North Korea hits out at 'handful of human scum' who claimed that Kim Jong-un gave out copies of Adolf Hitler's Mein Kampf to officials on his birthday

Pyongyang threatens to kill defectors responsible for report

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North Korea has hit out at 'scum' defectors after they published a report that its leader, Kim Jong-un, gave out copies of Adolf Hitler's memoir Mein Kampf to officials on his birthday.

A news website run by defectors claimed that officials were given the book as a gift in January, citing an unnamed North Korean official in China.

“Mentioning that Hitler managed to rebuild Germany in a short time following its defeat in WWI, Kim Jong-un issued an order for the Third Reich to be studied in depth and asked that practical applications be drawn from it,” the source reportedly told News portal New Focus International.

North Korea has denounced the "smear campaign" by defectors and labelled them “human scum” before threatening to kill them.

North Korea's Ministry of People's Security issued an angry response which was carried by the country's official news agency, KCNA.

"We are determined to take substantial measures to physically remove despicable human scum who are committing treasons.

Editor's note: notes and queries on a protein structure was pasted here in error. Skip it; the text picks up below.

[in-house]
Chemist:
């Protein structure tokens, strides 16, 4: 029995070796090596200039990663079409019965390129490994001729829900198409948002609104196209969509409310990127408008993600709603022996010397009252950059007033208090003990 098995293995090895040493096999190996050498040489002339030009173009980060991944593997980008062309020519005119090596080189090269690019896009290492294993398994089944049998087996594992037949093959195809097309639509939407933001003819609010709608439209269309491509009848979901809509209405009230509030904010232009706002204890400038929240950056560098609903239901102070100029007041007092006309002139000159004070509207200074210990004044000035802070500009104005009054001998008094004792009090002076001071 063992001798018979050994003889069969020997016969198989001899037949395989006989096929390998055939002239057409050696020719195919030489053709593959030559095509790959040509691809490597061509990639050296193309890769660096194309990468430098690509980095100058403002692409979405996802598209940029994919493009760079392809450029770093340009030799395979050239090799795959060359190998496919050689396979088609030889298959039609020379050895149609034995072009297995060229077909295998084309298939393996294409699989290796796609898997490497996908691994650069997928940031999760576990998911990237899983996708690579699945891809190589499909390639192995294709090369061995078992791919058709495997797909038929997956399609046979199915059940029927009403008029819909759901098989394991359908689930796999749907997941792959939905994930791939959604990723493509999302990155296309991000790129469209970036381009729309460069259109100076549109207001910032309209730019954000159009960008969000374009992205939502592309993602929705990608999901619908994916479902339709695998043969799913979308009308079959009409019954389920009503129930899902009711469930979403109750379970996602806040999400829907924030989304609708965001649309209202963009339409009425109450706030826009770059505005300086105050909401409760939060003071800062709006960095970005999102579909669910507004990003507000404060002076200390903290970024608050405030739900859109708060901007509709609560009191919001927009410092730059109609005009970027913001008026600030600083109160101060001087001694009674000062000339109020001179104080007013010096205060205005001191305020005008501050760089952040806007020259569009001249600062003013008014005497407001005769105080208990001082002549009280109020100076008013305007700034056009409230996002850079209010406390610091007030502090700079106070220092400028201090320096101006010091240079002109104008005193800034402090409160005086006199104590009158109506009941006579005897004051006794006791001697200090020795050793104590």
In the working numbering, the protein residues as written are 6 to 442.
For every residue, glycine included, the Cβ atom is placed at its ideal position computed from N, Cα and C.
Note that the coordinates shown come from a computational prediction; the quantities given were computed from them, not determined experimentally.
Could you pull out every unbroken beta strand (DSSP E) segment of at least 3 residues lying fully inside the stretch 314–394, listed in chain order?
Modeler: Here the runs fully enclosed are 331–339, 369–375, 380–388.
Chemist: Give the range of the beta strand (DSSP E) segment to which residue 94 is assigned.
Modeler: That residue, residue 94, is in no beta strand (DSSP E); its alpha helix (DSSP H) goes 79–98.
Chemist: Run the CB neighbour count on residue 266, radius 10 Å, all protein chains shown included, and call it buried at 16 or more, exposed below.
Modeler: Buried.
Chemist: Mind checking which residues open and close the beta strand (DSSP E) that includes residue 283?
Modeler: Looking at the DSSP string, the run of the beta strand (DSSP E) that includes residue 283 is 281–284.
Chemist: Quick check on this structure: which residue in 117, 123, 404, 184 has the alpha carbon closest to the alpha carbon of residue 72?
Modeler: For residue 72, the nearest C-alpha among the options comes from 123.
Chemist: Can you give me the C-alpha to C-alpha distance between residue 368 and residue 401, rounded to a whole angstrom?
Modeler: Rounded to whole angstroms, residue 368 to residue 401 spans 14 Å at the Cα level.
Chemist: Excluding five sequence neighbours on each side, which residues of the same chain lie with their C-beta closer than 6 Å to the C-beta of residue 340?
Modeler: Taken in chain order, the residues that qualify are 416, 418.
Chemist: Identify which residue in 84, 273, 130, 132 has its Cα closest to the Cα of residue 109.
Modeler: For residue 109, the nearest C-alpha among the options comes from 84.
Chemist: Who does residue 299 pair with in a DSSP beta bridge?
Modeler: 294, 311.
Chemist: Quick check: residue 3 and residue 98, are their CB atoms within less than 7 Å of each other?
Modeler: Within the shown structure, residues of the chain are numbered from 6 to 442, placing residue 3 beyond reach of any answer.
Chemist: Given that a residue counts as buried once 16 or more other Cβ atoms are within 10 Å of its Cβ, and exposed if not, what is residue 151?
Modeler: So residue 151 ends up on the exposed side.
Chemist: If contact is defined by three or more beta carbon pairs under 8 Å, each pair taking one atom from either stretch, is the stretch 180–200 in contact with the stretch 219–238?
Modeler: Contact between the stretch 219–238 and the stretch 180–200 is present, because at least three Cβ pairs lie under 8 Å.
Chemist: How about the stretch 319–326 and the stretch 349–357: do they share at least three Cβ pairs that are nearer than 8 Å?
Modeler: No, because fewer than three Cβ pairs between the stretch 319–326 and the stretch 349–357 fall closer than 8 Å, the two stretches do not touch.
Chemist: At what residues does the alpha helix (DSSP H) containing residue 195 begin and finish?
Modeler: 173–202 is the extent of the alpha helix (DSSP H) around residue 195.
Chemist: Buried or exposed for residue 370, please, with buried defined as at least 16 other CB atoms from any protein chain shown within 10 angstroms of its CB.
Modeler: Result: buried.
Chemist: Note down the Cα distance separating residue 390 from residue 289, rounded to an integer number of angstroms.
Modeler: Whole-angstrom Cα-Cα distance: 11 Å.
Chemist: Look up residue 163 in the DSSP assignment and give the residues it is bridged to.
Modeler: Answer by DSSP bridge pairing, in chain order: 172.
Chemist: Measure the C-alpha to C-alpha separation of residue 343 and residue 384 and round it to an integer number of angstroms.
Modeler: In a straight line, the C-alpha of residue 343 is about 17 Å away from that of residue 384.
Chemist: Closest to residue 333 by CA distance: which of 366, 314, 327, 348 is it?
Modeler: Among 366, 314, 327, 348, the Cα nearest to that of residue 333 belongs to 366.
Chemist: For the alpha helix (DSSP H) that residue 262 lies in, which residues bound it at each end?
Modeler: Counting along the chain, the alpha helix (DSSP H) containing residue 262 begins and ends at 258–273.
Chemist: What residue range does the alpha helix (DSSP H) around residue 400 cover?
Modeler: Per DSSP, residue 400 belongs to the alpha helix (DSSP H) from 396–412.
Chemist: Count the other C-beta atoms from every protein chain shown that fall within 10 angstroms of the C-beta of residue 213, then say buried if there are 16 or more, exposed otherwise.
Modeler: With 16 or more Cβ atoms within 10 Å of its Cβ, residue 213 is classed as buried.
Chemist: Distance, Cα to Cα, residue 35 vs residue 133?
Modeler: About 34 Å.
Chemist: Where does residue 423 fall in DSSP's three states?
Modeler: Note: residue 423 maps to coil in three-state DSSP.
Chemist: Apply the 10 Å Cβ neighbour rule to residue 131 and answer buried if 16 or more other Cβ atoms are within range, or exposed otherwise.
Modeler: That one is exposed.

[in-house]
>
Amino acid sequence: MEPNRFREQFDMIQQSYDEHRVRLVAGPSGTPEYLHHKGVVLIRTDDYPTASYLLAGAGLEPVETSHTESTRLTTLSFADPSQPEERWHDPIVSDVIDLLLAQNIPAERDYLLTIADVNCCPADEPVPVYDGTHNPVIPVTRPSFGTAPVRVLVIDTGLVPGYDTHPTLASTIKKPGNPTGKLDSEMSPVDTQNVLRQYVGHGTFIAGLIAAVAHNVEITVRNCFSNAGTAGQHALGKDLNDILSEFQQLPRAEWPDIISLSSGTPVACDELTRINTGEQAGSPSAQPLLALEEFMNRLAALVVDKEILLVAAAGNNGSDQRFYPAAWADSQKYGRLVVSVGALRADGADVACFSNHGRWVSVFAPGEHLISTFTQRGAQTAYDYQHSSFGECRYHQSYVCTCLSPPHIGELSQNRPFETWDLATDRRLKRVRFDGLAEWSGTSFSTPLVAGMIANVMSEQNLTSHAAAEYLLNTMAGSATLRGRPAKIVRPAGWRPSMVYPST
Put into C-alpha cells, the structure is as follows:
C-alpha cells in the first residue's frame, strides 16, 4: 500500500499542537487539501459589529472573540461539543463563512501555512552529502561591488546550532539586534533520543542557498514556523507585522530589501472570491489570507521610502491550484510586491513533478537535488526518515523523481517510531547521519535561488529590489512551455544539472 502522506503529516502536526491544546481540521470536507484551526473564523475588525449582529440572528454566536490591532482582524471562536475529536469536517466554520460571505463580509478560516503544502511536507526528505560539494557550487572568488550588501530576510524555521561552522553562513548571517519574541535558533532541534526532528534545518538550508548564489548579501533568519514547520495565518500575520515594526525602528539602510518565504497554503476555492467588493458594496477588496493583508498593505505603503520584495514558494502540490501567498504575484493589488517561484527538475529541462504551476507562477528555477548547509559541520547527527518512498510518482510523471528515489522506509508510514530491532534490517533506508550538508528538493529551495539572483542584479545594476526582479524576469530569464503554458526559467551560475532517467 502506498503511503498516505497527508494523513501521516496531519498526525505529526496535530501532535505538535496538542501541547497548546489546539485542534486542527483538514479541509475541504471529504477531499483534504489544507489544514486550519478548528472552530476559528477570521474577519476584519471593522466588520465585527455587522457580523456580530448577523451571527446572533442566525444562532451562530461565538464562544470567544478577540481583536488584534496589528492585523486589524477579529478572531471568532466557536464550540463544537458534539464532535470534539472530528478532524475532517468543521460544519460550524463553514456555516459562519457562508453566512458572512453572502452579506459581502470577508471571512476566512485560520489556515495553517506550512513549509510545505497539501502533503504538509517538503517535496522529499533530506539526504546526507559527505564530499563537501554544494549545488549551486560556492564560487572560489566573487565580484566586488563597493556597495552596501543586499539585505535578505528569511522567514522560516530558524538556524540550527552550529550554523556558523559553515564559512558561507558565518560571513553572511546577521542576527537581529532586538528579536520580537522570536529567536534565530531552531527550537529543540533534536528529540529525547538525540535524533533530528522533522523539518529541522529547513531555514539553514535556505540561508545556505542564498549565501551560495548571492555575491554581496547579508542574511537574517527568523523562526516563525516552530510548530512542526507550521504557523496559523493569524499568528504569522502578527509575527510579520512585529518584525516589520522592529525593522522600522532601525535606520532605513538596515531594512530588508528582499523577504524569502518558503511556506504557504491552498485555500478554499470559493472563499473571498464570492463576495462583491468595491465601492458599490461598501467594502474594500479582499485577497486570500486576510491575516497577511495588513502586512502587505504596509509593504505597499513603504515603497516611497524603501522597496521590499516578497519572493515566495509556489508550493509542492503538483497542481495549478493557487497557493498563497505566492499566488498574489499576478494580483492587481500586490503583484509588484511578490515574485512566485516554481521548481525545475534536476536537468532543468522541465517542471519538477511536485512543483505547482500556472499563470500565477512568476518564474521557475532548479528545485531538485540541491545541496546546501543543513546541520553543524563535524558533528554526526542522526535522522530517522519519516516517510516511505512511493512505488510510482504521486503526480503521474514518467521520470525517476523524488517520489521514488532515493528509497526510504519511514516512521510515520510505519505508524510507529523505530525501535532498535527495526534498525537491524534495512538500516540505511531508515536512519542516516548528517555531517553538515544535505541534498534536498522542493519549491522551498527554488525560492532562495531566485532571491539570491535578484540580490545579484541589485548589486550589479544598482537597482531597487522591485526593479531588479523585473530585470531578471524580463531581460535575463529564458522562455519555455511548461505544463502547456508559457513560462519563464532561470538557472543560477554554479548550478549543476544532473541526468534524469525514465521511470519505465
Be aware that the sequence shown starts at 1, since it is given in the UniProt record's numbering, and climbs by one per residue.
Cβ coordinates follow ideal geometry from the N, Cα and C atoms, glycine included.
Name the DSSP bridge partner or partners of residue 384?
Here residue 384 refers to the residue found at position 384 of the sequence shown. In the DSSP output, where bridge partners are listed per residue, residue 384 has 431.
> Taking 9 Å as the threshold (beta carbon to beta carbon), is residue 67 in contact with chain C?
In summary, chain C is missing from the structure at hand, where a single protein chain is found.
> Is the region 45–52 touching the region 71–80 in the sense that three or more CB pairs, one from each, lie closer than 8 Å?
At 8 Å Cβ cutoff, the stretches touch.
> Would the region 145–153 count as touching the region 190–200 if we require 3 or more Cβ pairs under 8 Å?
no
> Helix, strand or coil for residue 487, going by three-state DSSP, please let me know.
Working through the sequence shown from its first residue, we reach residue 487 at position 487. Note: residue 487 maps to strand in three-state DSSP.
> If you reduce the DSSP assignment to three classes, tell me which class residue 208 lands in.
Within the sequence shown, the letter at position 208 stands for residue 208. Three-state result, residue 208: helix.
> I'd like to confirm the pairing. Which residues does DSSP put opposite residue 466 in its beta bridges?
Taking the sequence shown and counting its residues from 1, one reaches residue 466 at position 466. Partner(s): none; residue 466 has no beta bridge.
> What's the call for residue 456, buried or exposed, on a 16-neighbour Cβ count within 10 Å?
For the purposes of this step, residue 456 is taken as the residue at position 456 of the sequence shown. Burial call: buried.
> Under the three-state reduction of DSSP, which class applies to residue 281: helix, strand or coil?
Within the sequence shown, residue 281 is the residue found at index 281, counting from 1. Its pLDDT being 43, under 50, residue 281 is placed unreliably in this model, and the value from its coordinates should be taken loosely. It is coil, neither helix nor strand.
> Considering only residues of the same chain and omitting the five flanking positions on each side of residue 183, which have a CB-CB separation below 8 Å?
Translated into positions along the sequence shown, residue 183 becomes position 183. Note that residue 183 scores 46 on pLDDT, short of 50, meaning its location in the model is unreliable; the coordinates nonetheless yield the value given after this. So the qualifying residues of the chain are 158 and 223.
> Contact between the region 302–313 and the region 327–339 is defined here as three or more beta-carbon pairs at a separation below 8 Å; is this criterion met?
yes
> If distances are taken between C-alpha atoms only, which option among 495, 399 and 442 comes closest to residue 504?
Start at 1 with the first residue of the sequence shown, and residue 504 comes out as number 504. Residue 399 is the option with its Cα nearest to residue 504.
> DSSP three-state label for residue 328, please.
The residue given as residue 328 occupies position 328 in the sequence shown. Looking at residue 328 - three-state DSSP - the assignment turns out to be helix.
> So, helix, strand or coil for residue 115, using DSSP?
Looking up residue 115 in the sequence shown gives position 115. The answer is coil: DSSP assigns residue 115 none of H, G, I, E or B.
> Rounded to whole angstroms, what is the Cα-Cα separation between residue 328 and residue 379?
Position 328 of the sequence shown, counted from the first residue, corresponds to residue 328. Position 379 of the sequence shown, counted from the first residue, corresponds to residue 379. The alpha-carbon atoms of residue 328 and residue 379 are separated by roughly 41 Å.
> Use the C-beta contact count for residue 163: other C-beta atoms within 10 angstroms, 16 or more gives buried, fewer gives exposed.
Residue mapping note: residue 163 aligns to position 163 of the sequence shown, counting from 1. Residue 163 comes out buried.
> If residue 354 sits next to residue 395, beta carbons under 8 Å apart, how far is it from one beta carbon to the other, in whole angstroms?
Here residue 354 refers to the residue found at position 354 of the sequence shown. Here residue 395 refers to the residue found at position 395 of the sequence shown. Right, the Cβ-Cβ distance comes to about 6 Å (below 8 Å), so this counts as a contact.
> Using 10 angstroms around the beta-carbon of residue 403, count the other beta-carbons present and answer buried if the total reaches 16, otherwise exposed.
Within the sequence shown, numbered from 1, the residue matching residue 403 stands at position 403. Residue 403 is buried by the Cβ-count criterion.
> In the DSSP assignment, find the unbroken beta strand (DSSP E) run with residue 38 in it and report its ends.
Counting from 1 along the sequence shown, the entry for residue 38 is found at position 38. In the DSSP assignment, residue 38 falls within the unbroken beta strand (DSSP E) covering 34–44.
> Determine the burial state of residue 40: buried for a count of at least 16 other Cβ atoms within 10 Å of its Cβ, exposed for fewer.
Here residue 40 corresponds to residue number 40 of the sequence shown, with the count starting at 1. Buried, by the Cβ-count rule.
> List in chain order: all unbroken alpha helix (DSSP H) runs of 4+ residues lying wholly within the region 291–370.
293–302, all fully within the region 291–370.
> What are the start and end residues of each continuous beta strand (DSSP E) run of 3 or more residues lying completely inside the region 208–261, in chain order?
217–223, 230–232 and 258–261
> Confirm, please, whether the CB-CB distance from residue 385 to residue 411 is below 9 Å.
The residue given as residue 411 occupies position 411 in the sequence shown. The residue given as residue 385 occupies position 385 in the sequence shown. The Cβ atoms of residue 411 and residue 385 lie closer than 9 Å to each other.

"Sordid human scum will never be able to look up to the sky, nor be able to find an inch of land to be buried after their death."

The defectors were being used by South Korea and the US, it went on.

Nazi leader Adolf Hitler wrote his semi-autobiographical, anti-Semitic diatribe Mein Kampf (My Struggle) in 1924 while in prison.

Meanwhile, North Korea has proposed high-level talks with the US to ease tensions and discuss nuclear disarmament.

The powerful National Defence Commission called on the US to set the time and the place for a round of unconditional talks to “secure peace and stability in the region and ease tension on the Korean peninsula”.

Last week the two Koreas were due to revive a dialogue that stalled six years ago. But the talk fell through because of bickering over who would lead the national delegations.

The armistice which ended the 1950-53 Korean War has never been replaced with a peace treaty, leaving the neighbours technically at war.

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